Fatal Injuries by Industry and Occupation

NTOF classifies a fatality by the industry and occupation in which the worker was "usually" employed. By industry division, mining and agriculture, forestry, and fishing (followed by construction and transportation and public utilities), had the highest fatal occupational injury rates recorded in NTOF from 1980 to 1995. The most deaths occurred in construction, transportation and public utilities, and manufacturing. By occupational group, the highest rates of fatal injury occurred among transportation and agriculture, forestry, and fishing workers. Precision production, craft, and repair occupations (11% of the workforce) along with transportation workers (4% of the workforce) accounted for nearly 40% of the fatal occupational injuries from 1980 to 1995.

CFOI classifies a fatality by the industry and occupation in which the worker was employed at the time of death. By industry division, construction accounted for the largest number of deaths recorded in CFOI in 1997, and mining had the highest fatality rate per 100,000 workers. Agriculture, forestry, and fishing ranked second in rate and third in number of fatal occupational injuries. By occupation, the largest number of fatalities occurred among truck drivers, farm occupations, sales occupations, and construction laborers. The leading causes of death for these groups were highway crashes and jackknifing for truck drivers, tractor-related injuries for farmers, homicides for sales occupations, and falls for construction laborers. The occupations with fatal occupational injury rates at least 10 times the national average of 4.8 per 100,000 workers include timber cutters, fishers, water transportation occupations, aircraft pilots, and extractive occupations.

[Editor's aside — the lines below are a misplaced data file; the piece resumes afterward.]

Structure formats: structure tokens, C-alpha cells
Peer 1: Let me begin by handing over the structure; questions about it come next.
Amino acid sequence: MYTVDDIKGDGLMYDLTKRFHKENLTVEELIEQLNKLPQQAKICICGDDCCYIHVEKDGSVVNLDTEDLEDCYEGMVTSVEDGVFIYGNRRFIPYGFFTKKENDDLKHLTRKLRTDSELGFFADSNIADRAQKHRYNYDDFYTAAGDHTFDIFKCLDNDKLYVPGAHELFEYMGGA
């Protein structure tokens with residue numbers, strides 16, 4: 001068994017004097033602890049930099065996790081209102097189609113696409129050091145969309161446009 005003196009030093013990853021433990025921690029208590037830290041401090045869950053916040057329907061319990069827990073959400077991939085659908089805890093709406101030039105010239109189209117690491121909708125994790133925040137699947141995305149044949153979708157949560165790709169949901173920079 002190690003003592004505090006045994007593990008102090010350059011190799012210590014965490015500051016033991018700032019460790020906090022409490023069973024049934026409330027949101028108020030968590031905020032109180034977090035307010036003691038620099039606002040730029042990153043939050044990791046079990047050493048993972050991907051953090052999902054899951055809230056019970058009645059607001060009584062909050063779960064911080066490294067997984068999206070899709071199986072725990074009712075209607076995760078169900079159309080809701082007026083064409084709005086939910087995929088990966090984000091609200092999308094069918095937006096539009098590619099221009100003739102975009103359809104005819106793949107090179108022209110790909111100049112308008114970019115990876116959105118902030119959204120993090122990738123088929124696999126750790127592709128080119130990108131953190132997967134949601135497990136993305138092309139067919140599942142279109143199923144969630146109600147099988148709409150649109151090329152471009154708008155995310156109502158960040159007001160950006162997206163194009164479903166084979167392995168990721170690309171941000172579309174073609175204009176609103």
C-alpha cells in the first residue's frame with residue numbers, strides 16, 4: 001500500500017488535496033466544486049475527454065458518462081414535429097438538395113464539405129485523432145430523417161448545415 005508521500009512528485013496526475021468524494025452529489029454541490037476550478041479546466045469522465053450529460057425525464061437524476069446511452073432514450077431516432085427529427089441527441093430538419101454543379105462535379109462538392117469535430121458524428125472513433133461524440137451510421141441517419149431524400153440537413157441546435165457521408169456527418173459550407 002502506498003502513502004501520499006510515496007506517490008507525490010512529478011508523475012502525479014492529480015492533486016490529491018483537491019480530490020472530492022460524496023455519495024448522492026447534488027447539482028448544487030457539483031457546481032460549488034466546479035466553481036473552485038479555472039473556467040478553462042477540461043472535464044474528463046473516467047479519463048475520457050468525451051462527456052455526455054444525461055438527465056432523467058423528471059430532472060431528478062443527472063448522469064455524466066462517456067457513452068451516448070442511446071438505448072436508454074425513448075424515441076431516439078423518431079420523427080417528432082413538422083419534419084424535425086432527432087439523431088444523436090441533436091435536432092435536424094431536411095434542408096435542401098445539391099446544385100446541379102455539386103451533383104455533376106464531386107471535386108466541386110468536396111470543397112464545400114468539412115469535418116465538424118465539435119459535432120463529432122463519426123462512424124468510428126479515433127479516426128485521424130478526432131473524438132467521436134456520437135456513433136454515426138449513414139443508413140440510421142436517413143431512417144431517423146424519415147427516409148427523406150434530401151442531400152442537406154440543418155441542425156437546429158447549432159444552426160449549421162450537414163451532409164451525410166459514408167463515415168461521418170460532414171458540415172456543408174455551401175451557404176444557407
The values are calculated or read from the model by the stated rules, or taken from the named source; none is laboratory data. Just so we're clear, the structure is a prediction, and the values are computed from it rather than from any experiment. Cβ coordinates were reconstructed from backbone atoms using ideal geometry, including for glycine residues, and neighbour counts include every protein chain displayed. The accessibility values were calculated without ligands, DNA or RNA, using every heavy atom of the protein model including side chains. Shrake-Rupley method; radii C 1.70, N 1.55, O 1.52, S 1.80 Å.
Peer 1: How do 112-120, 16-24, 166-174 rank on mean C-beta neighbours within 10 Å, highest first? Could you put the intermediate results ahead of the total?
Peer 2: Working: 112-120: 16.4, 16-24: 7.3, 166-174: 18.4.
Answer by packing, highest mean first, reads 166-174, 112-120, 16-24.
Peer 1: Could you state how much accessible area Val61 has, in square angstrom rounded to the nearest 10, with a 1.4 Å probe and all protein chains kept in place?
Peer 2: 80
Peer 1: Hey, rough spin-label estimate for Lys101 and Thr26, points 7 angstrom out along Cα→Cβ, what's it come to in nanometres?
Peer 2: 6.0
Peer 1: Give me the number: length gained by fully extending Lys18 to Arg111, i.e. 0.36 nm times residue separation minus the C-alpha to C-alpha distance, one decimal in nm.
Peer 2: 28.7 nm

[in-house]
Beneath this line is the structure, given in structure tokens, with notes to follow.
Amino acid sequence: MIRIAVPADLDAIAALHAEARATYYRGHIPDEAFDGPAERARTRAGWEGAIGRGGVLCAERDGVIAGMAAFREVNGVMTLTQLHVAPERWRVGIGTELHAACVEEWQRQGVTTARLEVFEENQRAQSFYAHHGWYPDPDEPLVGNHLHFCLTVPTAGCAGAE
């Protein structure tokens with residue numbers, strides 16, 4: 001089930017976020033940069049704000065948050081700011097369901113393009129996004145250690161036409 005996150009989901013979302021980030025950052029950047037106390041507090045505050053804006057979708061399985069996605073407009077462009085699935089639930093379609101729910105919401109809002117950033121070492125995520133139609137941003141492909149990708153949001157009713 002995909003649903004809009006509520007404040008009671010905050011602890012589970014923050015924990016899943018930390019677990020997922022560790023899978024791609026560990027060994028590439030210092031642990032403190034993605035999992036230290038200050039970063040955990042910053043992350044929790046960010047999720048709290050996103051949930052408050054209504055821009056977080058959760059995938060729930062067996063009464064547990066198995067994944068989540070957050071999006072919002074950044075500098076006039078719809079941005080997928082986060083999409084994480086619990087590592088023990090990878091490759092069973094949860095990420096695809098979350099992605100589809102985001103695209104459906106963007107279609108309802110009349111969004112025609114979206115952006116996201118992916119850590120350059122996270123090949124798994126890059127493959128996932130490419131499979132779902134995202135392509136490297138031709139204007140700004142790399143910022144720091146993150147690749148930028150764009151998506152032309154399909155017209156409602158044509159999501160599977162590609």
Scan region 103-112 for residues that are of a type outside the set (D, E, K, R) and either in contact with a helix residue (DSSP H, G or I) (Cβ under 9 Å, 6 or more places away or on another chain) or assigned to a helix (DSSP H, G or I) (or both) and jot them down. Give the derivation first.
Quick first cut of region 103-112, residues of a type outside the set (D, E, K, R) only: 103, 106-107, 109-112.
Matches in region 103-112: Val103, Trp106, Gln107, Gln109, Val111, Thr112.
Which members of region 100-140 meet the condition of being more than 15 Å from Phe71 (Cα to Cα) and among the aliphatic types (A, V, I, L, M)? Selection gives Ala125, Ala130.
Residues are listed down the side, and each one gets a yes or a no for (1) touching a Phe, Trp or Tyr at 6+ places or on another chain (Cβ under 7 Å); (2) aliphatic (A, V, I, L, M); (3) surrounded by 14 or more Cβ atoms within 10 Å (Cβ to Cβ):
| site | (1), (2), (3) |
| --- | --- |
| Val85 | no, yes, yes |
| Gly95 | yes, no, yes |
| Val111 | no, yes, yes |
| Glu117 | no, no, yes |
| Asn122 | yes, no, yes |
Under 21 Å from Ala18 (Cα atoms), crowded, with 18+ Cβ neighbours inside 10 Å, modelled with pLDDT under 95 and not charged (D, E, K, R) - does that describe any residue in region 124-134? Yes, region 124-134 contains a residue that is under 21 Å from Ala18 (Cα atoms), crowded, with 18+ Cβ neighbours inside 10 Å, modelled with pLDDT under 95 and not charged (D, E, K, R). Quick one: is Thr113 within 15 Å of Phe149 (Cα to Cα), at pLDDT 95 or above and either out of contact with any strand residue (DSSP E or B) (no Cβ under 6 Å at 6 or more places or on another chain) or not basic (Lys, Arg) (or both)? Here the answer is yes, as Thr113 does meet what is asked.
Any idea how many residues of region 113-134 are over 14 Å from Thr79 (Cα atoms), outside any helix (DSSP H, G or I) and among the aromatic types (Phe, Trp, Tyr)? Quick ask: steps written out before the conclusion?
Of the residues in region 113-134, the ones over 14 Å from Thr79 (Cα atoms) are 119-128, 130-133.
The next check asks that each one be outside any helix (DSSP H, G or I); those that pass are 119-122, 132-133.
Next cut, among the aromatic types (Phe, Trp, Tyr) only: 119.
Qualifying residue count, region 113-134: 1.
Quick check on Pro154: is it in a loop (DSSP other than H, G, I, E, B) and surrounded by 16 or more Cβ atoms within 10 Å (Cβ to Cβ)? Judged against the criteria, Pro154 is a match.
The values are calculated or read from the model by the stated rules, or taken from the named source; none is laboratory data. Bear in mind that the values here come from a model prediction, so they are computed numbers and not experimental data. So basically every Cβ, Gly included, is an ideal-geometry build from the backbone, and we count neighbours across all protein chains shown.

Workers in mining and agriculture, forestry, and fishing had the highest rates of machine-related deaths, and workers in transportation and public utilities, mining, and agriculture, forestry, and fishing had the highest rates of work-related motor vehicle deaths. Workers in retail trade and public administration had the highest rates of workplace homicide.

Fatal Injuries among Truck Drivers

Truck drivers suffered nearly 14% of the fatal occupational injuries during 1997 according to CFOI data. The number of fatalities among truck drivers has increased fairly steadily, from 699 in 1992 to 862 in 1997. Over the same period, the fatality rate increased from 26 to 28 per 100,000 workers. In 1997, more than 50% of the fatalities occurred in trucks with trailers or semitrailers, and more than 80% occurred in transportation-related incidents. Fatalities from jackknifing and from collisions increased by 16% and 9%, respectively, between 1996 and 1997. More than half of the fatal occupational injuries among truck drivers occurred on interstate highways, freeways, expressways, or other State or U.S. highways.

This information came from a
CDC online article.

*** Any law, statute, regulation or other precedent is subject to change at any time ***